“The technology has moved faster than the regulatory environment. It has created capabilities that didn’t use to exist before. But we feel that it is not a reason enough to take away a service that is important to the general public,” Katigbak explained. “The goal was lower cost and innovation, and we think that in the example of KBO, we were able to deliver both.”
Why highlight the cable group’s claim?
Some Twitter users were critical of GMA’s decision to highlight this issue against its rival when it was forced to sign off for an issue that was not directly related – the expiration of ABS-CBN’s franchise.
Media commentary account Editors of Manila noted that GMA let itself be “used” to “promote” wrong information regarding frequency – and exclaimed that “turds are now using (GMA’s) interview with FICTAP” as ammunition against ABS-CBN.
“Journalism demands that you fact check and correct… Unless you see na may pakinabang ang business (business can take advantage) with this misinformation,” Editors of Manila said.
GMA Channel 7 celebrities and journalists, however, have also expressed support for ABS-CBN not just on May 5 when the NTC issued a cease and desist order, but ever since President Duterte threatened to shut down the network for what he considered as unfair practices during the 2016 election campaign.
The President said he had forgiven ABS-CBN after it issued an apology, and that it would be up to Congress to decide on its franchise.
Incidentally, GMA Network’s common shares closed at P5.90 apiece on May 6, a 24-percent jump from the previous day’s P4.77; its valuation surged to P16 billion, finally making it past ABS-CBN’s P15 billion.
University of Santo Tomas Journalism Program head Felipe Salvosa II noted that “ultimately, FICTAP’s beef is its cable business is being threatened by digital television” and saw it as a battle between protectionism and innovation.
Unlike FICTAP, the Philippine Cable and Telecommunications Association Inc. saw the value of ABS-CBN’s dissemination of information especially as the coronavirus disease 2019 had kept much of the population under lockdown since March.
“The network has long been a valuable partner in the cable TV industry in bringing together the Filipino people for news, education and entertainment. We find it most unfortunate that the cease and desist order has come out during the greatest health crisis our nation has known and when information dissemination is most important,” PCTA said in a statement.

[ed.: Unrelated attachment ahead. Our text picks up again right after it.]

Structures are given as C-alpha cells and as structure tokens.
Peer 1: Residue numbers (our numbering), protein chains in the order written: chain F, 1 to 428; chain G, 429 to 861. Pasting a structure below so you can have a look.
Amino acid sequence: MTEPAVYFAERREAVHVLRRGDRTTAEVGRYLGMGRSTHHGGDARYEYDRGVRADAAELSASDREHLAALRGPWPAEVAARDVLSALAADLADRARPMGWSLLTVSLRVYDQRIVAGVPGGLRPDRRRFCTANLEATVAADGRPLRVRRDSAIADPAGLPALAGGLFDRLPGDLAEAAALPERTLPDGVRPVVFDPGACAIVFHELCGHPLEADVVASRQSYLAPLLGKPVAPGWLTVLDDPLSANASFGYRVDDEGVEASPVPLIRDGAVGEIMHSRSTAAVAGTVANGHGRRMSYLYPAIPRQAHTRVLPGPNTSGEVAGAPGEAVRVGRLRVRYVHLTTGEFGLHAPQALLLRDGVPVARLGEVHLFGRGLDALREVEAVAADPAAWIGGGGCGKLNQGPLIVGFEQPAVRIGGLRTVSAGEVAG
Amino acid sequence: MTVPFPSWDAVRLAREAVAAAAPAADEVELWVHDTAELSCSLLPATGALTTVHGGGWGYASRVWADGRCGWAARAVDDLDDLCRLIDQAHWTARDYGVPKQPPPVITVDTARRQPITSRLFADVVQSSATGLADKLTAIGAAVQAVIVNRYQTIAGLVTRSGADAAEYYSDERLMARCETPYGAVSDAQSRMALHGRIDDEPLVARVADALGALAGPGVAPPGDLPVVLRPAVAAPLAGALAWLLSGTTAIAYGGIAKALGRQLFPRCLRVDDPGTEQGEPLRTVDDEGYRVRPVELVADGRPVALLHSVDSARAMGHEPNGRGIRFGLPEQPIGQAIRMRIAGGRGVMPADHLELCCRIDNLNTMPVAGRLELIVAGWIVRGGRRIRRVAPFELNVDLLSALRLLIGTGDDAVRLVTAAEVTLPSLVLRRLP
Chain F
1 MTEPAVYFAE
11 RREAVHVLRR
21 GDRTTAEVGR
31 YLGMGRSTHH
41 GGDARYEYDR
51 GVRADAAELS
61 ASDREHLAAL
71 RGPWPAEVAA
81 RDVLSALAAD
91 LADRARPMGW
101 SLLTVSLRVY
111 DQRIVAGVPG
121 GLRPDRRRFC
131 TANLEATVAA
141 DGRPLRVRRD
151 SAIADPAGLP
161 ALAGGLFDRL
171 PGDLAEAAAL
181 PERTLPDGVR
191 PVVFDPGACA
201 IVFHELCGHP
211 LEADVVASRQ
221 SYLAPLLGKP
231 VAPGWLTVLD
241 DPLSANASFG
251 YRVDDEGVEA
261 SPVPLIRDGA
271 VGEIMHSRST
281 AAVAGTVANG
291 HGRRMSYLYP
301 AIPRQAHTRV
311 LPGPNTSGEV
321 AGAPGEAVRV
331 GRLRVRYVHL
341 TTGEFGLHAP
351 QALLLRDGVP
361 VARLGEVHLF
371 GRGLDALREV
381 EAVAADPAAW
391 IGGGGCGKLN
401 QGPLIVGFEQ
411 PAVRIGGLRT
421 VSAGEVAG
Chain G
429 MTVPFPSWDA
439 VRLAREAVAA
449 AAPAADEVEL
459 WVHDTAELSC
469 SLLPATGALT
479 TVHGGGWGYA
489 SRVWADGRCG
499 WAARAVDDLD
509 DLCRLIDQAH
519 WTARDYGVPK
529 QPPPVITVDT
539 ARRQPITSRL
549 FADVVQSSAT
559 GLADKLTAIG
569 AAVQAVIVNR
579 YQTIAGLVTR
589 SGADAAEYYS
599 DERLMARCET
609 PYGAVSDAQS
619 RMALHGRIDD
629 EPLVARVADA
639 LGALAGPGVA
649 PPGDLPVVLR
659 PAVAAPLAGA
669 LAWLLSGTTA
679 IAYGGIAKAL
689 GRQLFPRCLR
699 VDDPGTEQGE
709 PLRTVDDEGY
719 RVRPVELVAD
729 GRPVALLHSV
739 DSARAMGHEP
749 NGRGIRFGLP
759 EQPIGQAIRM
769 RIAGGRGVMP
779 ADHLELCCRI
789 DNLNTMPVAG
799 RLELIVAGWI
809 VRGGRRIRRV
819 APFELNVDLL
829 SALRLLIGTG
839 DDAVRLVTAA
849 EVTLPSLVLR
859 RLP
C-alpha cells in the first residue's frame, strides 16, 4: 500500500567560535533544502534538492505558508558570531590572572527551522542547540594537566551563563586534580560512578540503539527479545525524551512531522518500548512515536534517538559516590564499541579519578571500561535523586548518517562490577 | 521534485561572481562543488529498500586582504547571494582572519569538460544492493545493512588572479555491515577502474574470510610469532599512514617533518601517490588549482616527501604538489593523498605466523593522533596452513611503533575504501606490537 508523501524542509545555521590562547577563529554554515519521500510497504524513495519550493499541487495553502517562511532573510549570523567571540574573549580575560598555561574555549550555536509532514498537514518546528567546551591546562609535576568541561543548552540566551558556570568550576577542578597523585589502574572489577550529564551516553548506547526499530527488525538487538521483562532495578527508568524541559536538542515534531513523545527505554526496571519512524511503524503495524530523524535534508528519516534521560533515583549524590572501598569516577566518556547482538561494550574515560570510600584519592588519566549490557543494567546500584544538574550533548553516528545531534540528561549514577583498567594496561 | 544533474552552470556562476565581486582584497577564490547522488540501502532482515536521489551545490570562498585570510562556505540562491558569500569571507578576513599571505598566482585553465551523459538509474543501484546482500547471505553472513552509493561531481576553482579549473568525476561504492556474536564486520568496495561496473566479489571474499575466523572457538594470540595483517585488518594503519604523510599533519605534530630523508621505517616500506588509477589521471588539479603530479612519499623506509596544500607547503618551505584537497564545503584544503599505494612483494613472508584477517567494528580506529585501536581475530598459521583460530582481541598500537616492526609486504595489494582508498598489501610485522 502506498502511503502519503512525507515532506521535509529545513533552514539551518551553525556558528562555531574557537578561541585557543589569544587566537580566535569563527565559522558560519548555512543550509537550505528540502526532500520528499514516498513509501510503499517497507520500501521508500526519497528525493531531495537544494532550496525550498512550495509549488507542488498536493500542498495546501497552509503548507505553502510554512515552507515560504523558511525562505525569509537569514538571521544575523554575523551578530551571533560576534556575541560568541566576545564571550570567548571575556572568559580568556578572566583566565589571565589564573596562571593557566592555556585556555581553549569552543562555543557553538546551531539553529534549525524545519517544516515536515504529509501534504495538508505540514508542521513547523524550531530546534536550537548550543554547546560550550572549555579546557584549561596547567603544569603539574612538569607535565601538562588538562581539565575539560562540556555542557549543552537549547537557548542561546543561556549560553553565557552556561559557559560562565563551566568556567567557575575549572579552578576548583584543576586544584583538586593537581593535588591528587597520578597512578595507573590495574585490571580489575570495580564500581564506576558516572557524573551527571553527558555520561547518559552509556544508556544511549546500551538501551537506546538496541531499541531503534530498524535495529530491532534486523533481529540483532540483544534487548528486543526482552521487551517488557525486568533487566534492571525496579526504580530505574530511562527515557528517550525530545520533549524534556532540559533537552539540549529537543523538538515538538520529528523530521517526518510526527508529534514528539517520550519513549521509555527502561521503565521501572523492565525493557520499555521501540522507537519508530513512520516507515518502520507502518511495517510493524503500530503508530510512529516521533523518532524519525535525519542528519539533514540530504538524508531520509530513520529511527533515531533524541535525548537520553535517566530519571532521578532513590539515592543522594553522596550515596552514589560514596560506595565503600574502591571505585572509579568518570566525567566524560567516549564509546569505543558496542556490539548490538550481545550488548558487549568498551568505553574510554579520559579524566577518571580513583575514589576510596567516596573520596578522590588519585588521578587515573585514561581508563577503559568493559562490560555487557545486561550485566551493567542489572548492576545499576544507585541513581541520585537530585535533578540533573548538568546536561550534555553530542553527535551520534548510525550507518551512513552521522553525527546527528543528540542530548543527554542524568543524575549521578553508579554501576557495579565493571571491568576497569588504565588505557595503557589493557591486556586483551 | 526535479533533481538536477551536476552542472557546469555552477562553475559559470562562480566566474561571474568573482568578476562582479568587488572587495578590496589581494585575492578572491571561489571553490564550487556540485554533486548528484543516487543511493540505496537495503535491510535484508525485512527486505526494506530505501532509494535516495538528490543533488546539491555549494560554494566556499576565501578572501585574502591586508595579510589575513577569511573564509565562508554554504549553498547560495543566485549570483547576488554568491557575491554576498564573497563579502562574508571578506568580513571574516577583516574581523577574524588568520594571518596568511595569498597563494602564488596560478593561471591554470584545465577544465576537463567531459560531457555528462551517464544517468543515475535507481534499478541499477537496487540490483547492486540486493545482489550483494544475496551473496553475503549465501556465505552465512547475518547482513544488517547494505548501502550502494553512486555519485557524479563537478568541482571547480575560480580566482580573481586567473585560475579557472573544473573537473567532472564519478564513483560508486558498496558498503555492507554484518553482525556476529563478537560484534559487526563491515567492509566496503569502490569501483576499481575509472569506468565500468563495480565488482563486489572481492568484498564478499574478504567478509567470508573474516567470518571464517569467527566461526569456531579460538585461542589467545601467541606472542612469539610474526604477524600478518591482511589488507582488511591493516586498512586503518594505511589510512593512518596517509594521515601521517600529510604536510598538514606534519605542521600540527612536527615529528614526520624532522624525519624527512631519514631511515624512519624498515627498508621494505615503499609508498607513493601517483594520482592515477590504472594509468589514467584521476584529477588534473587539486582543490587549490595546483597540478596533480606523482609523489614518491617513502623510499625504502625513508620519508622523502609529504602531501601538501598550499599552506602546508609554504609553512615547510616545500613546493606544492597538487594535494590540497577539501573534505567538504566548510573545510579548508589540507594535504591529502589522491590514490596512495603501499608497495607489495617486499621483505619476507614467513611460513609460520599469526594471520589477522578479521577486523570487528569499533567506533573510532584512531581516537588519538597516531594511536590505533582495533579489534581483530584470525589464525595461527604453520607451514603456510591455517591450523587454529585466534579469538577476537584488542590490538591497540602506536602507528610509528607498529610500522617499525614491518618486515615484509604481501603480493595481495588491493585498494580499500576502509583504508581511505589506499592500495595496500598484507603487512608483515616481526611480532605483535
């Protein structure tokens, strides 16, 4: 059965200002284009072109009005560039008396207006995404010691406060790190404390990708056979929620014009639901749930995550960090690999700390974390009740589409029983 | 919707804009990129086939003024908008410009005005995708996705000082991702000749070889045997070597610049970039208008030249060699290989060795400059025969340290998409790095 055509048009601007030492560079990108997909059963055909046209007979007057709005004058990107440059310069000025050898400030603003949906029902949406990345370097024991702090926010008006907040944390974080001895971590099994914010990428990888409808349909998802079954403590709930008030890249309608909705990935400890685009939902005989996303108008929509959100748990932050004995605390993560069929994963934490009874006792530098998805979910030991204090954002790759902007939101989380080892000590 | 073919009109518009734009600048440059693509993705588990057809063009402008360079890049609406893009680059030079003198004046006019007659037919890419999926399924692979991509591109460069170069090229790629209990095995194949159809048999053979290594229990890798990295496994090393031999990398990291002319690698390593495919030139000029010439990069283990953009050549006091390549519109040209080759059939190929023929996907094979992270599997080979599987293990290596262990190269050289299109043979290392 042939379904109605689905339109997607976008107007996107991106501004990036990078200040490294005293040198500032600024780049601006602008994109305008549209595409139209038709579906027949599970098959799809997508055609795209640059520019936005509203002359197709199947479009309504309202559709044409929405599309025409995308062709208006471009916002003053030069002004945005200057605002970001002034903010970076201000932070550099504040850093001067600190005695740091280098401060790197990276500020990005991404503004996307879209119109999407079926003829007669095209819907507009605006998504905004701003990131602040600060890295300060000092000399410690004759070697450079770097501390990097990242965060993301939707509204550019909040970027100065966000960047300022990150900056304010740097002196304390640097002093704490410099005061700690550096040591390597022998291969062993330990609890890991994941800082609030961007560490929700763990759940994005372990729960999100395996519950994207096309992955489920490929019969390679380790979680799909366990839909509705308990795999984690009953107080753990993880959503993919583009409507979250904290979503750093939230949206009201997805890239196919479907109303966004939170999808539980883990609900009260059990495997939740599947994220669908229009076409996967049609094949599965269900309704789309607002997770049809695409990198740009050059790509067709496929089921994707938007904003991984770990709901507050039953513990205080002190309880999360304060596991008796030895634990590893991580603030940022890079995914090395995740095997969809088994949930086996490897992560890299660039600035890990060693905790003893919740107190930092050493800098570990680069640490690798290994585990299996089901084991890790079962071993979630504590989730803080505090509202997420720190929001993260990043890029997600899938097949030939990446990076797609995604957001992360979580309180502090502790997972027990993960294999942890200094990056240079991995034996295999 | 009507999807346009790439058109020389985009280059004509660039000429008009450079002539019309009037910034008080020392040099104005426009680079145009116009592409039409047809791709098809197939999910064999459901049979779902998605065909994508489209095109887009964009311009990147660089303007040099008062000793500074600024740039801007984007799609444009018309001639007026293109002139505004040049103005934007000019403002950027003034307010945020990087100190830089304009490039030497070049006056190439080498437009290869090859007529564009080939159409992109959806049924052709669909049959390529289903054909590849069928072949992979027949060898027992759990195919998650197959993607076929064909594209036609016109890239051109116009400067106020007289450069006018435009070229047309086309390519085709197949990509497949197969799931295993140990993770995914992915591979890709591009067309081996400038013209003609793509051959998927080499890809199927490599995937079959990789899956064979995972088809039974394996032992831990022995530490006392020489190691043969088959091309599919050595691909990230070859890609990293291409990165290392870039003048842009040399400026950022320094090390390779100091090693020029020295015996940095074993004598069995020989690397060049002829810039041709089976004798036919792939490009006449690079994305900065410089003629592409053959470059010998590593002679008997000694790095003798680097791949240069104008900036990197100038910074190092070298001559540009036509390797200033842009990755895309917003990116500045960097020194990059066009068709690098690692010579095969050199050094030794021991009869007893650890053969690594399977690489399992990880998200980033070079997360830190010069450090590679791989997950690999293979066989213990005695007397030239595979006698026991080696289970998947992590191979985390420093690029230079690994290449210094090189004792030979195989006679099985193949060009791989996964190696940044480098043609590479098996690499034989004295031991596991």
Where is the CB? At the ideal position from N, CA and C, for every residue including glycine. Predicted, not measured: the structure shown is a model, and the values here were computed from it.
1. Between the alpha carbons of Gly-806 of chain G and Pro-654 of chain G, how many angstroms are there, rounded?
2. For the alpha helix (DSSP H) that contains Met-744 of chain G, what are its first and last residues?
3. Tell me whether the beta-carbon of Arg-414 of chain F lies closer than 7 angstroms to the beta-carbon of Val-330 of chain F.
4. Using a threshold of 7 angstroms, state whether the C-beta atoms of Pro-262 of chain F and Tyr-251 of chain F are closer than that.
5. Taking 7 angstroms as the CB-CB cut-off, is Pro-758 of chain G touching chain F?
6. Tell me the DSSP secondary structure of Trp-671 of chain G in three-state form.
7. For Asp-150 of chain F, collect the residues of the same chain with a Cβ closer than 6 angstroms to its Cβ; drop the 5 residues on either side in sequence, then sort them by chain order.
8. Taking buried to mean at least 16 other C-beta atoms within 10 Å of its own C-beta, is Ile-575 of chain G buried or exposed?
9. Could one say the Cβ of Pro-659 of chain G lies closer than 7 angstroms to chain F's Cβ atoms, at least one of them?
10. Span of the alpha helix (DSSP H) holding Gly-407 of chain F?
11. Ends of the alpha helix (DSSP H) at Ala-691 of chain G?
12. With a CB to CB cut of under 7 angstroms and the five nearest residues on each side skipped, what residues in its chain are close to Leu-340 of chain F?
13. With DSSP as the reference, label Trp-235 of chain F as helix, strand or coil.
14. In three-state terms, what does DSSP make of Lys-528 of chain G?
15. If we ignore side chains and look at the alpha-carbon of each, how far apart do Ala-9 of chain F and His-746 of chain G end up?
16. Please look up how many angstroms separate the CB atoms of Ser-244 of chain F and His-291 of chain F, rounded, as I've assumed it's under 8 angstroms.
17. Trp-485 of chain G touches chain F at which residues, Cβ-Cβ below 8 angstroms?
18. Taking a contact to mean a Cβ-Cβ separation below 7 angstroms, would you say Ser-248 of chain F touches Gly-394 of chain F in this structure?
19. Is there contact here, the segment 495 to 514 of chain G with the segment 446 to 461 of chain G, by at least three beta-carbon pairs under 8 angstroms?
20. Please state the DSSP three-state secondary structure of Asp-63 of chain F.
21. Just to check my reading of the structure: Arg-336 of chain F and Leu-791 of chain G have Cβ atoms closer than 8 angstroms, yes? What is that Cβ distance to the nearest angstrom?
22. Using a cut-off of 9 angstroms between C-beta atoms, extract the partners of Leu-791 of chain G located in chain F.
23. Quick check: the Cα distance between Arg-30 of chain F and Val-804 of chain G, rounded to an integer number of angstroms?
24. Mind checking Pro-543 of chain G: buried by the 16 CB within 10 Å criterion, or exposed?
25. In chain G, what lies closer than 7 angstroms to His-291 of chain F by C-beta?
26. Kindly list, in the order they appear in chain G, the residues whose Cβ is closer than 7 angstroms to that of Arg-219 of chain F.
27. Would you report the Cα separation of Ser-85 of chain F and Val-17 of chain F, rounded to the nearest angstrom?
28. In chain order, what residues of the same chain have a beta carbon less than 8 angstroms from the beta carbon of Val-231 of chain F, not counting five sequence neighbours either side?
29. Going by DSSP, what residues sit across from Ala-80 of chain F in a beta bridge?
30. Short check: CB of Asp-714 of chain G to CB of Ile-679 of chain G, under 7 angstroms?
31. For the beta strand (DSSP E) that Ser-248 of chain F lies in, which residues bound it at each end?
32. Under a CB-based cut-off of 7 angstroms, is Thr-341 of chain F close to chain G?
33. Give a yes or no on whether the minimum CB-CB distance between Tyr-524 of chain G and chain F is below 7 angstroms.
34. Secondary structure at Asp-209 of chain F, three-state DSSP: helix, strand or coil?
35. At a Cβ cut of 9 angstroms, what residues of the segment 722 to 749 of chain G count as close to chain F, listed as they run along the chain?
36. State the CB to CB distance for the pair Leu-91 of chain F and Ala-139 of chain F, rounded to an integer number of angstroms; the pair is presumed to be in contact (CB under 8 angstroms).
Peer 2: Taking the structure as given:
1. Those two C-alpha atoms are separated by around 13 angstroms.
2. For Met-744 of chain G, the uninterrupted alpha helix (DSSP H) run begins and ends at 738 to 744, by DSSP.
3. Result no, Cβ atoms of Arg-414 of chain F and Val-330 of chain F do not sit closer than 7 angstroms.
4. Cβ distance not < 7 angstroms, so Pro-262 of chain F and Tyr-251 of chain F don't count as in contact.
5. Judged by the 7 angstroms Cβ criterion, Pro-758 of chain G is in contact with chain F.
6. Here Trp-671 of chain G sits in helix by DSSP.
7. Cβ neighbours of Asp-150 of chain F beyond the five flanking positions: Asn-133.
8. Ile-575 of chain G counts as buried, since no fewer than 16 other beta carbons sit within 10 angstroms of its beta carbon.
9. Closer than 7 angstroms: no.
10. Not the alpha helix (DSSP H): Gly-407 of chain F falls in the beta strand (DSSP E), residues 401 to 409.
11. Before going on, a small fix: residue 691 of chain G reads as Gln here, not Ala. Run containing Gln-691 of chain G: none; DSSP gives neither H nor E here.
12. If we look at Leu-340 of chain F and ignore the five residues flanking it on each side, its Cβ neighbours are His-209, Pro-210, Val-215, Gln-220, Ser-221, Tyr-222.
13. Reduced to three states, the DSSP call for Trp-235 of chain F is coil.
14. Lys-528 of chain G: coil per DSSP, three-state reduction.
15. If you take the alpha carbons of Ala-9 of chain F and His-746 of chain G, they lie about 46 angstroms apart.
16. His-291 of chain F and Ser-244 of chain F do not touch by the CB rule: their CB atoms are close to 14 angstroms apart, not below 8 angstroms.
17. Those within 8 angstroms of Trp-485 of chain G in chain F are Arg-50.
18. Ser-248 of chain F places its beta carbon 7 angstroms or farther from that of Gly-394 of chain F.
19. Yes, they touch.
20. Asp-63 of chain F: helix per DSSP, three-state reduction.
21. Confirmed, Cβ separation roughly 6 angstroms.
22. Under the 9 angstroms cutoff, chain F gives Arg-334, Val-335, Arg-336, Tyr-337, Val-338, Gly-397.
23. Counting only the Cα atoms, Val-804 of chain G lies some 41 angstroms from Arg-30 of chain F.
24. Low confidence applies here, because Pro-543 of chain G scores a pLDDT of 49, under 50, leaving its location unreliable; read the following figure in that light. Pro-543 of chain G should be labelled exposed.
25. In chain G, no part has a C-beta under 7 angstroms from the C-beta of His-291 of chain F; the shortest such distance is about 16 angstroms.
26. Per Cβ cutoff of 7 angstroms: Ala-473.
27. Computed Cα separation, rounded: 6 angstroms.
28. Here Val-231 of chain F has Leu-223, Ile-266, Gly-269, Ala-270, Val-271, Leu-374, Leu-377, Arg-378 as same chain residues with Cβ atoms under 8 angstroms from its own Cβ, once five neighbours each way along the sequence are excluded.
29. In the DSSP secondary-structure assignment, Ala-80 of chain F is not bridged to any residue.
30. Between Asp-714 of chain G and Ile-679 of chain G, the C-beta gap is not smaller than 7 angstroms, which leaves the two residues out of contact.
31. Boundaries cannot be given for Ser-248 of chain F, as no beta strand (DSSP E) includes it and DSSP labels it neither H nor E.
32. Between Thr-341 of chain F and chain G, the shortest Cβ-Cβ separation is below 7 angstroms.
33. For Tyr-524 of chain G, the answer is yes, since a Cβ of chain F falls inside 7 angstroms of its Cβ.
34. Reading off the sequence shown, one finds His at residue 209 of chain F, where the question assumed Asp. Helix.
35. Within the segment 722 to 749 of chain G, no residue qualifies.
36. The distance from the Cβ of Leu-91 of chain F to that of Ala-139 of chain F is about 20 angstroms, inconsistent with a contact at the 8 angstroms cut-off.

Apart from the grievance of FICTAP, other allegations hurled against ABS-CBN had been addressed at the Senate hearing.
ABS-CBN has also been saying it has addressed all issues raised against the network.
Labor Secretary Silvestre Bello said ABS-CBN had settled its issues concerning violations of the prohibition against labor-only contracting, or the outsourcing of manpower to avoid regularization and cheat employees of benefits. "We discovered some violations and we asked them to comply. We issued compliance orders. And in fairness, they complied,” Bello said at the Senate hearing.
Commissioner Ephyro Luis Amatong of the Securities and Exchange Commission also said that “we are not aware of any violation or any ongoing complaint or investigation involving ABS-CBN” regarding compliance with the constitutional prohibition against any foreign ownership of mass media.
“They are regularly filing and paying their taxes for the past number of years,” Bureau of Internal Revenue Large Taxpayers Service unit head Simplicio Cabantac Jr. said, disclosing that ABS-CBN paid P14.398 billion from 2016 to 2019, exclusive of the income tax payments of artists, employees and talents.
Then, if ABS-CBN was not found to have committed any serious violation, why was it not granted a franchise?
Malacañang, the Office of the Solicitor General and the NTC are now pointing to the House of Representatives’ inaction that led to closure of ABS-CBN as its legislative franchise lapsed on Monday, May 4.